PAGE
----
The University of Surrey was, and is, committed to the development of students as novice professionals, as they participated in their year long work placements, and their part-time jobs. Michael’s research into how early career professional’s learned in the work environment, provided a much needed evidence base on which to develop our educational thinking and practices. He cared a lot about making his scholarship and research available and accessible to higher education practitioners so that it might benefit students on their journey towards becoming professional. He contributed to our publications, our research, our conferences and our conversations. Through his contributions he enabled the SCEPTrE team to appreciate the particularities of learning and developing in the work environment and in this way helped us develop our concept of a lifewide learning and a lifewide curriculum.
Both knowledge and learning can be examined from two perspectives, the individual and the social……An individual perspective on knowledge and learning enables us to explore both differences in what and how people learn and differences in how they interpret what they learn. A social perspective draws attention to the social construction of knowledge and of contexts for learning, and to the wide range of cultural practices and products that provide knowledge resources for learning (1 p1) An ecological perspective combines and integrates these different perspectives.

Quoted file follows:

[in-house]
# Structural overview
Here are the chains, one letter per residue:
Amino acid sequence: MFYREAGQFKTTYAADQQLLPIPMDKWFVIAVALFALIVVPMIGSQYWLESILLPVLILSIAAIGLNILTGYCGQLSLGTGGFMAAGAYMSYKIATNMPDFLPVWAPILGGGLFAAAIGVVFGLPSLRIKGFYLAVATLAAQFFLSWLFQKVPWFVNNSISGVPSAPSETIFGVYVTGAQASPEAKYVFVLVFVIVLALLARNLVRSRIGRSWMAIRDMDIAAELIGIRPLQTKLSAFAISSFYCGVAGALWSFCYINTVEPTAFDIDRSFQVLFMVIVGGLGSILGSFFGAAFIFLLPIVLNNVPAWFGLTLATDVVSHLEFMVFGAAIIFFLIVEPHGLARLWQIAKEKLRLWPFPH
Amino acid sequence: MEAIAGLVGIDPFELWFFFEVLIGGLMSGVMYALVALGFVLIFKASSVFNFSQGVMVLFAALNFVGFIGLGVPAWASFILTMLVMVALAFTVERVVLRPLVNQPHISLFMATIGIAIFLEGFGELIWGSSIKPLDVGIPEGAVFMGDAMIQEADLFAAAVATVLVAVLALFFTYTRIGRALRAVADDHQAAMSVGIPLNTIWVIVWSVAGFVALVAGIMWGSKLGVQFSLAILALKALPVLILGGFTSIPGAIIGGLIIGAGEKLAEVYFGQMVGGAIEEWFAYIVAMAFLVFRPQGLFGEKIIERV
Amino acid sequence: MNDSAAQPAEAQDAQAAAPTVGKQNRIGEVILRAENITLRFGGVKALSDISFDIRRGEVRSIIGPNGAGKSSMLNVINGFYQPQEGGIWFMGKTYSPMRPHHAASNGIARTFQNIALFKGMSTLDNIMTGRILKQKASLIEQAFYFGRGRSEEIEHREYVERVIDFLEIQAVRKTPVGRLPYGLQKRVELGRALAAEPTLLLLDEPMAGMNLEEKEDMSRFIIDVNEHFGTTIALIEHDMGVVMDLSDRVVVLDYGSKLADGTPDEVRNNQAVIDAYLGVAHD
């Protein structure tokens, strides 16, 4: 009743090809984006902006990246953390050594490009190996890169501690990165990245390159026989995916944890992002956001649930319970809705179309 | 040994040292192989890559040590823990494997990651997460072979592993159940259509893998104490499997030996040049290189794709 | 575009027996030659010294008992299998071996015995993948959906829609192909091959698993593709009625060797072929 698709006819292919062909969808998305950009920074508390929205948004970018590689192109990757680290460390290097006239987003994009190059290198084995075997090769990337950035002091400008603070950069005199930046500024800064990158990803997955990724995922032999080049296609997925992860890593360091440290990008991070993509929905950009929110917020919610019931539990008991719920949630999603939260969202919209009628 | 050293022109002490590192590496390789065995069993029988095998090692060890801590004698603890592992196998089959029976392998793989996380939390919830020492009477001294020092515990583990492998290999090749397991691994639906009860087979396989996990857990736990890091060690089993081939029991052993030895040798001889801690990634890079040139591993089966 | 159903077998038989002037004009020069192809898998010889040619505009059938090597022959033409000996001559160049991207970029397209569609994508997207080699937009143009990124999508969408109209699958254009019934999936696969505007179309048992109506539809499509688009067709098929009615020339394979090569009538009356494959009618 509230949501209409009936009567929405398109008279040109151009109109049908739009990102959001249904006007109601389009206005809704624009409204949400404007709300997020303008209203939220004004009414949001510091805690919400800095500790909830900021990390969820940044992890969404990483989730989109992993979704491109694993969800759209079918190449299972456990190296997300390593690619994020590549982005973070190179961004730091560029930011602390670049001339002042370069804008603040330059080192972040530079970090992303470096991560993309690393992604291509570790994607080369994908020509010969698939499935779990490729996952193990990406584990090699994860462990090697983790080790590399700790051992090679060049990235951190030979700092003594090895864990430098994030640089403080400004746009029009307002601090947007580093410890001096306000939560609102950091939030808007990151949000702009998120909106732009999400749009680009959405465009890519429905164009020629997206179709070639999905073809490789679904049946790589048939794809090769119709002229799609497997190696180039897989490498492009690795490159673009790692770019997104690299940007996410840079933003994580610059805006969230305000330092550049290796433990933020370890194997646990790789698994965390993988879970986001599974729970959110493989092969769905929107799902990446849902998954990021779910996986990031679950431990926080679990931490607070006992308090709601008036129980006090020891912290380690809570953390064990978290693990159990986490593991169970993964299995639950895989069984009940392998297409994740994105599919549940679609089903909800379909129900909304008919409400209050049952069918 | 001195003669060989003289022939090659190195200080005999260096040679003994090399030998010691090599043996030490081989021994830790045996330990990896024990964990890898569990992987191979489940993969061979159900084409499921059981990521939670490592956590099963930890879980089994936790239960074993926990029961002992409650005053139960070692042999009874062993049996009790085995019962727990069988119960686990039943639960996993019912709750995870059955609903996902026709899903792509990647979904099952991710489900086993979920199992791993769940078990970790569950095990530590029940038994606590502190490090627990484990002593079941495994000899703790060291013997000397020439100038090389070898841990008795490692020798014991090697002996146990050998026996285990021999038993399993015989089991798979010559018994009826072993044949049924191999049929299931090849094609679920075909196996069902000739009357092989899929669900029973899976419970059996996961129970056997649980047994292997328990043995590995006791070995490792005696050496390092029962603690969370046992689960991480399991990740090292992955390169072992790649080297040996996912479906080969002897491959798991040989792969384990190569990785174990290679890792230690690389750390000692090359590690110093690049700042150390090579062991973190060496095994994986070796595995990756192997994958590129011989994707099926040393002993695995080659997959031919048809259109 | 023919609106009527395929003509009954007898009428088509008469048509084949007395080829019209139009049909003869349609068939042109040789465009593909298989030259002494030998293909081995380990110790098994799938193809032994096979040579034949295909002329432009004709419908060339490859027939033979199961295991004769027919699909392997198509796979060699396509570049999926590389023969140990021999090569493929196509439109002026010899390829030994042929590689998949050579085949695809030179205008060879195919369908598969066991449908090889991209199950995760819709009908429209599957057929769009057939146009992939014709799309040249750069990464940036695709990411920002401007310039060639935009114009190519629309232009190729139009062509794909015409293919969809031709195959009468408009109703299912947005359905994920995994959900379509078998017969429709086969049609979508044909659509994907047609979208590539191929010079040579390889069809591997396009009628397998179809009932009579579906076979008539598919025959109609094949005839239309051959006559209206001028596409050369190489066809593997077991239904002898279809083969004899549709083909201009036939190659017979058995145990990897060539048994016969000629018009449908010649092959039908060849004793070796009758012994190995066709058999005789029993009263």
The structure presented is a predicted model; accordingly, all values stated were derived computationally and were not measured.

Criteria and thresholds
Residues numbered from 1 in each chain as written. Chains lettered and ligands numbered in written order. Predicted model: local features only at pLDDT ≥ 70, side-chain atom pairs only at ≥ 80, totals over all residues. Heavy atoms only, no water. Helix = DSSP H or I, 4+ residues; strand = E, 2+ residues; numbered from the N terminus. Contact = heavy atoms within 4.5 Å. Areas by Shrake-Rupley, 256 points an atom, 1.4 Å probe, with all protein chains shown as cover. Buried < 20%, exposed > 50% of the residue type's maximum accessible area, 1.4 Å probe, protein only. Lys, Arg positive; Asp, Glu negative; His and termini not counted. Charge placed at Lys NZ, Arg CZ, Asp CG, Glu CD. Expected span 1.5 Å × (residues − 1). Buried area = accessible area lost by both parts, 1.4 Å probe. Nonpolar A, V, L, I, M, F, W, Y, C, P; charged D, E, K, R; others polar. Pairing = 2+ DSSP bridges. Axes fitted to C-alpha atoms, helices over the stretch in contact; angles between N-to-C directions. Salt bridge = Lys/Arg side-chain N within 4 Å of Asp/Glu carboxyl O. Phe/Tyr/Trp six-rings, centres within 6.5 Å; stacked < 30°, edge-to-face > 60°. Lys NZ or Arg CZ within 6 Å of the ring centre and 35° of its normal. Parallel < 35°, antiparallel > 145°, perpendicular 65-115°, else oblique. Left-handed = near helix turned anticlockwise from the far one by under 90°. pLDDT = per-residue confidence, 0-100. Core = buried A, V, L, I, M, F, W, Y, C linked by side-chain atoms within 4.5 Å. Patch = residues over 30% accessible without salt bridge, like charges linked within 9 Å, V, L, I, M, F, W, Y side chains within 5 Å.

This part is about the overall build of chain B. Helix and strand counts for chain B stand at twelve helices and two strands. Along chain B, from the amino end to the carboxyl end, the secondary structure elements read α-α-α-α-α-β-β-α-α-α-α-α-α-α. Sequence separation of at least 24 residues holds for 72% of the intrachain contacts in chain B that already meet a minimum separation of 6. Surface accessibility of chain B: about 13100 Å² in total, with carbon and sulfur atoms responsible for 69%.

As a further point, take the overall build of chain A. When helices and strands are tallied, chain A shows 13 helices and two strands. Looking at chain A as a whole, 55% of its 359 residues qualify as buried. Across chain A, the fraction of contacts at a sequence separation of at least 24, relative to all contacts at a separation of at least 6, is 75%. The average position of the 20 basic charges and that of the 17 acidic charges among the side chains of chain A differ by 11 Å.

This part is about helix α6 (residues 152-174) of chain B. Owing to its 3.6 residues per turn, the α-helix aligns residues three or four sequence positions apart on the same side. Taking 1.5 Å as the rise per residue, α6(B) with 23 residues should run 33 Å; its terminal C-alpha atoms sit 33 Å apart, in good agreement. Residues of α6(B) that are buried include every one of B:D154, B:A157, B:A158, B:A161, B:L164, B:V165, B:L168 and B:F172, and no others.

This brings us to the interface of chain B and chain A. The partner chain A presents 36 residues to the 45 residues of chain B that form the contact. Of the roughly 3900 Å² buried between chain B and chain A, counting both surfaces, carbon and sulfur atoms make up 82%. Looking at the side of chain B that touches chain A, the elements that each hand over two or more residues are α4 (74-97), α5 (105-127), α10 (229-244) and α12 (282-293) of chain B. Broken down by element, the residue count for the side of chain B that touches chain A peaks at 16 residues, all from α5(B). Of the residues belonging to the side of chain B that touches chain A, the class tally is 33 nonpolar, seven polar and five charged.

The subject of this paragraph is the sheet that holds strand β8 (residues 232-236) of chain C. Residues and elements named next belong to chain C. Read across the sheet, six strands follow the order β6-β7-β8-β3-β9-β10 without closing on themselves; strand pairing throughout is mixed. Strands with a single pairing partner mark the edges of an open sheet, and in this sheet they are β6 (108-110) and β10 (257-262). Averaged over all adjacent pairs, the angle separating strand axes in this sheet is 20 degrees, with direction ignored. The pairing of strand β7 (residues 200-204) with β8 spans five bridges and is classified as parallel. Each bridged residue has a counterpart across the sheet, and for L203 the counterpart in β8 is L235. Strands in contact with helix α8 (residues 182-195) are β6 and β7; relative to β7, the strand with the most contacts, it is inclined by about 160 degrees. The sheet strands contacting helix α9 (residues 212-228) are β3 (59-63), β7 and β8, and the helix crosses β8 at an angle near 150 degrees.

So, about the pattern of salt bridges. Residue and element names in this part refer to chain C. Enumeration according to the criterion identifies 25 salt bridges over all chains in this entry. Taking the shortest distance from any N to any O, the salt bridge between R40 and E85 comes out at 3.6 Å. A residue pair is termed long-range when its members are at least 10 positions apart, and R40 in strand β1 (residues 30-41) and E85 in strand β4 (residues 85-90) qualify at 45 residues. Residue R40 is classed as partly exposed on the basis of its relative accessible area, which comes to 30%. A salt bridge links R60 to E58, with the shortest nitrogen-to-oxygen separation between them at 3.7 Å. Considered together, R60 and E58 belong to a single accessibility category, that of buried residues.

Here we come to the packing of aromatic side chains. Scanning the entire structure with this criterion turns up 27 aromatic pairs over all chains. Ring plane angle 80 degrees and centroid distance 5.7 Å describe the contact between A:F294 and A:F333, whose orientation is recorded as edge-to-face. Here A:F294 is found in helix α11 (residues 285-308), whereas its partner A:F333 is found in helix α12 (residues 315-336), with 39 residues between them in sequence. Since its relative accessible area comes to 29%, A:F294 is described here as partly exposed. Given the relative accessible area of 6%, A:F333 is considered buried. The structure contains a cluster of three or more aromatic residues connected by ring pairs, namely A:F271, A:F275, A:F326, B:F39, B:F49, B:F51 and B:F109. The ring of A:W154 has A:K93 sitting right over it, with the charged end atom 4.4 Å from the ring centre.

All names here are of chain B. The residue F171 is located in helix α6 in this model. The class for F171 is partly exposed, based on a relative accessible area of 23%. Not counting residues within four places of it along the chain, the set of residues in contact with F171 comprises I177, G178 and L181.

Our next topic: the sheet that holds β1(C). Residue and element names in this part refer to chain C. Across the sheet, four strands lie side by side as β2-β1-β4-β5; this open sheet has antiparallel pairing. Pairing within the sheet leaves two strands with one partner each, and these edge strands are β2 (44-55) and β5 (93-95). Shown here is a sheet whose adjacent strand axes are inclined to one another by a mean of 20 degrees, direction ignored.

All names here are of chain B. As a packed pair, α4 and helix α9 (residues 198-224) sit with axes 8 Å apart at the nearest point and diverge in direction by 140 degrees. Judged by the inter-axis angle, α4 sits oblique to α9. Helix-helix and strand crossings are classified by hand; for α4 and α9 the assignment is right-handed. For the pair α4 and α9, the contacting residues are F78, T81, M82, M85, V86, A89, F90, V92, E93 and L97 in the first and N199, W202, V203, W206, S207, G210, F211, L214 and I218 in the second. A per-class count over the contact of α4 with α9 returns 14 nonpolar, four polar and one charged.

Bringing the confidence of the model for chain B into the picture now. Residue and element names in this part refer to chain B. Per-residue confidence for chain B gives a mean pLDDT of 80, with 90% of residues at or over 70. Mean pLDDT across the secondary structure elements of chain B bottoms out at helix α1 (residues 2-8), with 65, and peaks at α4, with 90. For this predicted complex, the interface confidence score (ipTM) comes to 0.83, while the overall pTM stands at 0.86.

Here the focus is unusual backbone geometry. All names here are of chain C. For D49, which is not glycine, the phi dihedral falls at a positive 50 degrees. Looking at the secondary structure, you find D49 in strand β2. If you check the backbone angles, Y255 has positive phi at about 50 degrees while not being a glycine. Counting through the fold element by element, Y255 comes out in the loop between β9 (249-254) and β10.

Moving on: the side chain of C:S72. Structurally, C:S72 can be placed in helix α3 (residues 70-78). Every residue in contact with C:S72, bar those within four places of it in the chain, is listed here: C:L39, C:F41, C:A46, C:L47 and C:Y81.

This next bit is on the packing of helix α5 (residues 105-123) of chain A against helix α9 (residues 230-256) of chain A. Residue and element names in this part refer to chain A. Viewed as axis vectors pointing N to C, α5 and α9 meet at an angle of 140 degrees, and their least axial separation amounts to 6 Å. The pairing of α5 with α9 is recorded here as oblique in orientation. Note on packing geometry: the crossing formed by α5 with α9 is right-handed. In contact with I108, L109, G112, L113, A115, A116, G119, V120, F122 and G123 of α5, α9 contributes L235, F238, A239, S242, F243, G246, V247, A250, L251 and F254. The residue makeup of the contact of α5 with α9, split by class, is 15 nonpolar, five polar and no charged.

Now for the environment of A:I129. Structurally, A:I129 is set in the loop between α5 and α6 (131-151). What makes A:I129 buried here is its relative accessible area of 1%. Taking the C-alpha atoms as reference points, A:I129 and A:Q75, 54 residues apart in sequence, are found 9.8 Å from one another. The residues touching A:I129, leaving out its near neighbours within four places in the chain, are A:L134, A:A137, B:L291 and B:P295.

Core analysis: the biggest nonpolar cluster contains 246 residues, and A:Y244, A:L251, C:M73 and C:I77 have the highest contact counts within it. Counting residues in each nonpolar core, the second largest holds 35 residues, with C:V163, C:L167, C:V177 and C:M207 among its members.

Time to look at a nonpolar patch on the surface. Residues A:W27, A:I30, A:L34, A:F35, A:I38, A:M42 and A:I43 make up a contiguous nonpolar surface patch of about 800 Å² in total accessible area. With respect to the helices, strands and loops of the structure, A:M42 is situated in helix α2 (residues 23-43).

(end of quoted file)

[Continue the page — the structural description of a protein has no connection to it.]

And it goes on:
I am grateful to have known Michael and it gives me pleasure to show my appreciation of his friendship and scholarship by dedicating Lifewide Magazine #22 to his life and work.
1) Eraut (2007) EARLI 2007 Theoretical and practical knowledge revisited http://www.leeds.ac.uk/educol/documents/176013.pd
Founder Lifewide Education & Commissioning Editor Lifewide Magazine
Director of SCEPTrE 2005-11